Las Pozas

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The surrealist sculpture park Las Pozas, Xilitla
Las Pozas, Xilitla

Las Pozas ("the Pools") was created by James, more than 2,000 feet (610 m) above sea level, in a subtropical rainforest in the mountains of Mexico. It includes more than 80 acres (32 ha) of natural waterfalls and pools interlaced with towering Surrealist sculptures in concrete.[1]

Las Pozas is near the village of Xilitla, San Luis Potosí, a seven-hour drive north of Mexico City. In the early 1940s, James went to Los Angeles, California, and then decided that he "wanted a Garden of Eden set up . . . and I saw that Mexico was far more romantic" and had "far more room than there is in crowded Southern California".[2] In Hollywood in 1941, his lifetime friend and cousin, Magic Realist painter Bridget Bate Tichenor, encouraged him to search for a surreal location in Mexico to express his diverse esoteric interests.[3] In Cuernavaca, he hired Plutarco Gastelum as a guide. They discovered Xilitla in November 1945.[1] Eventually Plutarco married a local woman and had four children. James was "Uncle Edward" to the children and frequently stayed with them in a house Plutarco had built, a mock-Gothic cement castle, now a hotel – La Posada El Castillo.[4]

Between 1949 and 1984, James built scores of surreal concrete structures with names like The House on Three Floors Which Will in Fact Have Five or Four or Six, The House with a Roof like a Whale, and The Staircase to Heaven.[4] There were also plantings and beds full of tropical plants, including orchids — there were, apparently, 29,000 at Las Pozas at one time[5] — and a variety of small casas (homes), niches, and pens that held exotic birds and wild animals from the world over—James owned many exotic animals and once took his pet boa constrictors to the Hotel Francis in Mexico City.[4]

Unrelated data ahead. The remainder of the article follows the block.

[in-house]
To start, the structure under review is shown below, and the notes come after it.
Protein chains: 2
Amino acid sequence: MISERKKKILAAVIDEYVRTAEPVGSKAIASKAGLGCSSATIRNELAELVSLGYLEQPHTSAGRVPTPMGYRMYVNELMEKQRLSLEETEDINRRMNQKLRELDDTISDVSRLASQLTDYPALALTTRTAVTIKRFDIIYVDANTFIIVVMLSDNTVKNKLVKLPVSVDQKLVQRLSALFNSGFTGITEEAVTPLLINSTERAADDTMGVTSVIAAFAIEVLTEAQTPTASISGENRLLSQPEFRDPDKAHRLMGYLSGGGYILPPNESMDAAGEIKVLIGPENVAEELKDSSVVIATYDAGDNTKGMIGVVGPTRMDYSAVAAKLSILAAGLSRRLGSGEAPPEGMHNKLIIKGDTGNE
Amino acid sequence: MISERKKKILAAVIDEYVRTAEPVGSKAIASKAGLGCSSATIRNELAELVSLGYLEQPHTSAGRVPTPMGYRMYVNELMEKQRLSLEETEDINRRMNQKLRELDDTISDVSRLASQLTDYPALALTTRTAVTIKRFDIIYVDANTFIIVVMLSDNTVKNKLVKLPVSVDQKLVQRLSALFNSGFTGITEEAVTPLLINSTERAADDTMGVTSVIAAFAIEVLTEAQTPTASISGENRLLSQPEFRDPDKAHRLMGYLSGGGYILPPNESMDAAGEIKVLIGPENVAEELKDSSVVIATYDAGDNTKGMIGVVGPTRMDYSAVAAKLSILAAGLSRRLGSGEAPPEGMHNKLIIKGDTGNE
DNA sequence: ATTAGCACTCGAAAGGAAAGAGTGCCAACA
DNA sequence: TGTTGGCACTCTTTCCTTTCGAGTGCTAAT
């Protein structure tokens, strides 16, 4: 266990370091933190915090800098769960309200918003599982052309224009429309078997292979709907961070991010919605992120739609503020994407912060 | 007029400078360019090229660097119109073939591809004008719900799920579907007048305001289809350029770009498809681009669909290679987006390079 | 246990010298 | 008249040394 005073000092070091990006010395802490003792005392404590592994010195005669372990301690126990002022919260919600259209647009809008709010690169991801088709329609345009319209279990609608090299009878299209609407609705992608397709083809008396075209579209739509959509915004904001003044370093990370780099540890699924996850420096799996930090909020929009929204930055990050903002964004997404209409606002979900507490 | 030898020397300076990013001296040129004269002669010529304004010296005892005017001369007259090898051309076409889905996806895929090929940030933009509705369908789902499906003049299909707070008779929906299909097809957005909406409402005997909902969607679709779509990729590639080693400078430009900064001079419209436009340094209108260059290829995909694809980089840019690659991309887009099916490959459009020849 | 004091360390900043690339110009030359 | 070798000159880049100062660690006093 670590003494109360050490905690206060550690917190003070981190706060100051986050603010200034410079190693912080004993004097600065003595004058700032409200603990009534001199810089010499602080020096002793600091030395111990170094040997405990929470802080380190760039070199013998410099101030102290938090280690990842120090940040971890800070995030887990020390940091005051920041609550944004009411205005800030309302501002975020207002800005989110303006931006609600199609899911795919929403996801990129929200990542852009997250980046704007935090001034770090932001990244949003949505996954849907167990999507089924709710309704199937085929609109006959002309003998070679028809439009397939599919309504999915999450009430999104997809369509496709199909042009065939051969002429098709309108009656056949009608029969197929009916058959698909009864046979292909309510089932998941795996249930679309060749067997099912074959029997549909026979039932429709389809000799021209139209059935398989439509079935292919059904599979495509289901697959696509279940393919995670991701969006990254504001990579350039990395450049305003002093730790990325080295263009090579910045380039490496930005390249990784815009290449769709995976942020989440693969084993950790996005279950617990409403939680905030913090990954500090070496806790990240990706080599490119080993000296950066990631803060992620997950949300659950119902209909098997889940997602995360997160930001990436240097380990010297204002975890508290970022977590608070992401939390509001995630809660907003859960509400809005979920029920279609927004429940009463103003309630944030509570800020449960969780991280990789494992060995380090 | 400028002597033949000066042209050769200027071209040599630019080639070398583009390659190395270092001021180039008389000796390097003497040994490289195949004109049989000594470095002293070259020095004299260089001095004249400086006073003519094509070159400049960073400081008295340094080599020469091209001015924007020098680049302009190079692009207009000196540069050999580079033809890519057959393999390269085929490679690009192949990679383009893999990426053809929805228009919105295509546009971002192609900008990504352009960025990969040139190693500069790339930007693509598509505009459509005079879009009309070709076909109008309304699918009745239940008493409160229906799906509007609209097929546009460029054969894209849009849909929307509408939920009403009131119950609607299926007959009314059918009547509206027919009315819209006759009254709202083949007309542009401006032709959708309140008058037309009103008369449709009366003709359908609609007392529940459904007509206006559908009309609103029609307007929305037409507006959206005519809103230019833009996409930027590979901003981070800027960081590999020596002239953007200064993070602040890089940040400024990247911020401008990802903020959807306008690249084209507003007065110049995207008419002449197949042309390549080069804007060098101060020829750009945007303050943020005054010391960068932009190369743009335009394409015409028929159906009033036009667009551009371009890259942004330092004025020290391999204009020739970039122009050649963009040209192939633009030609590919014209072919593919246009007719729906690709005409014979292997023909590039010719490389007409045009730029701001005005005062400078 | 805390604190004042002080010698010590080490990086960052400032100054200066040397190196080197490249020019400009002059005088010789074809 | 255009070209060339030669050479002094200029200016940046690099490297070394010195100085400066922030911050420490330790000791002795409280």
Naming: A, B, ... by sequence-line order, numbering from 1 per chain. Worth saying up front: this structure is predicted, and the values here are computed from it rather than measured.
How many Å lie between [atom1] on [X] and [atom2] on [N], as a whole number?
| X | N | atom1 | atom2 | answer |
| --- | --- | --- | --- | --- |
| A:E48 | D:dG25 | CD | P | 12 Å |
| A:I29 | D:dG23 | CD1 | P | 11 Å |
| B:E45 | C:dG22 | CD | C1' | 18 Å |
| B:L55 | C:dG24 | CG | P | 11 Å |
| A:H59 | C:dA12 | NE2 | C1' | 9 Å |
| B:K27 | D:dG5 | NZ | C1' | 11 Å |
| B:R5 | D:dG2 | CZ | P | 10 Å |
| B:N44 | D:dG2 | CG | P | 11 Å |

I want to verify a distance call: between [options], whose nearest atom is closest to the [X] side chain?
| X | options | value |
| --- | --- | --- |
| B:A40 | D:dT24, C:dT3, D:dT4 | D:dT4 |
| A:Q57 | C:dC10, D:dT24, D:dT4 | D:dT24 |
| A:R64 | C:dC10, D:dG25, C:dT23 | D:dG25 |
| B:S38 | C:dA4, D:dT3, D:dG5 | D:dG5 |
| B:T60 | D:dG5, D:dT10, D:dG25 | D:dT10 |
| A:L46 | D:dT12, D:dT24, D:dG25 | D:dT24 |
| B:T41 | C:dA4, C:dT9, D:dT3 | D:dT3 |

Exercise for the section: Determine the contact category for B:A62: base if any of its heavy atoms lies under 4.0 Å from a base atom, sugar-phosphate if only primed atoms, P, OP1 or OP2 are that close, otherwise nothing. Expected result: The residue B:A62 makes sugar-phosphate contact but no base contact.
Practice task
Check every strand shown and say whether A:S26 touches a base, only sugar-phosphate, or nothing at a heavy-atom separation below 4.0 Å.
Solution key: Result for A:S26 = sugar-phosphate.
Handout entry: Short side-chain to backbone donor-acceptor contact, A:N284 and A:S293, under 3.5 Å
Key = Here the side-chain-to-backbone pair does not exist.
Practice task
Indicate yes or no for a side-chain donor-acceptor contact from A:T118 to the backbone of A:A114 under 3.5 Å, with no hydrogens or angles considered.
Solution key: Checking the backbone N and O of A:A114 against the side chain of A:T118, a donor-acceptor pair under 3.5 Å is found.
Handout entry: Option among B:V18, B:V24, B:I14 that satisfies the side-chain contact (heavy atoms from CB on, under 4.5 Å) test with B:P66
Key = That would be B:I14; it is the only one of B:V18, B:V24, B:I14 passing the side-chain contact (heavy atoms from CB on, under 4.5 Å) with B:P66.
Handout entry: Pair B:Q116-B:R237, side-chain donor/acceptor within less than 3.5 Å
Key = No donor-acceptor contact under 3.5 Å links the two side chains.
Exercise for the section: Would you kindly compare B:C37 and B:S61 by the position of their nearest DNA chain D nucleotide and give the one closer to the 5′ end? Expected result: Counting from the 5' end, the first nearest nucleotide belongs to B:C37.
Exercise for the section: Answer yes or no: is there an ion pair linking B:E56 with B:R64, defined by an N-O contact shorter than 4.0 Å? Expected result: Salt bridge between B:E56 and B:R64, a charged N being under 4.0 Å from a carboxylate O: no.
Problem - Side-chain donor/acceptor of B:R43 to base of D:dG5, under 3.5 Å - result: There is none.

Massive sculptures up to four stories tall punctuate the site. The many trails throughout the garden site are composed of steps, ramps, bridges and narrow, winding walkways that traverse the valley walls.[6] Construction of Las Pozas cost more than $5 million. To pay for it, James sold his collection of Surrealist art at auction.[4]

In the summer of 2007, the Fundación Pedro y Elena Hernández, the company Cemex, and the government of San Luis Potosí paid about $2.2 million for Las Pozas and created Fondo Xilitla, a foundation that will oversee the preservation and restoration of the site.[1]

References[edit]

  1. ^ a b c "Dream Works: Can a Legendary Surrealist Garden in Mexico Bloom Again?", New York Times Style Magazine, 30 March 2008
  2. ^ Margaret Hooks, "Surreal Eden: Edward James & Las Pozas", Princeton Architectural Press, New York, 2006, ISBN 978-1-56898-612-8
  3. ^ Bridget Bate Tichenor Biography http://BridgetBateTichenor.com/
  4. ^ a b c d Gini Alhadeff, "Concrete Jungle", Travel + Leisure", September 2003
  5. ^ Joanna Moorhead, "The Magic Kingdom (James' Las Pozas, Mexico)", The Guardian, 6 November 2007
  6. ^ "Los Pozas – steps and falls", virtual tour of the grounds of Las Pozas, DVD, published 2007; retrieved 30 March 2008

External links[edit]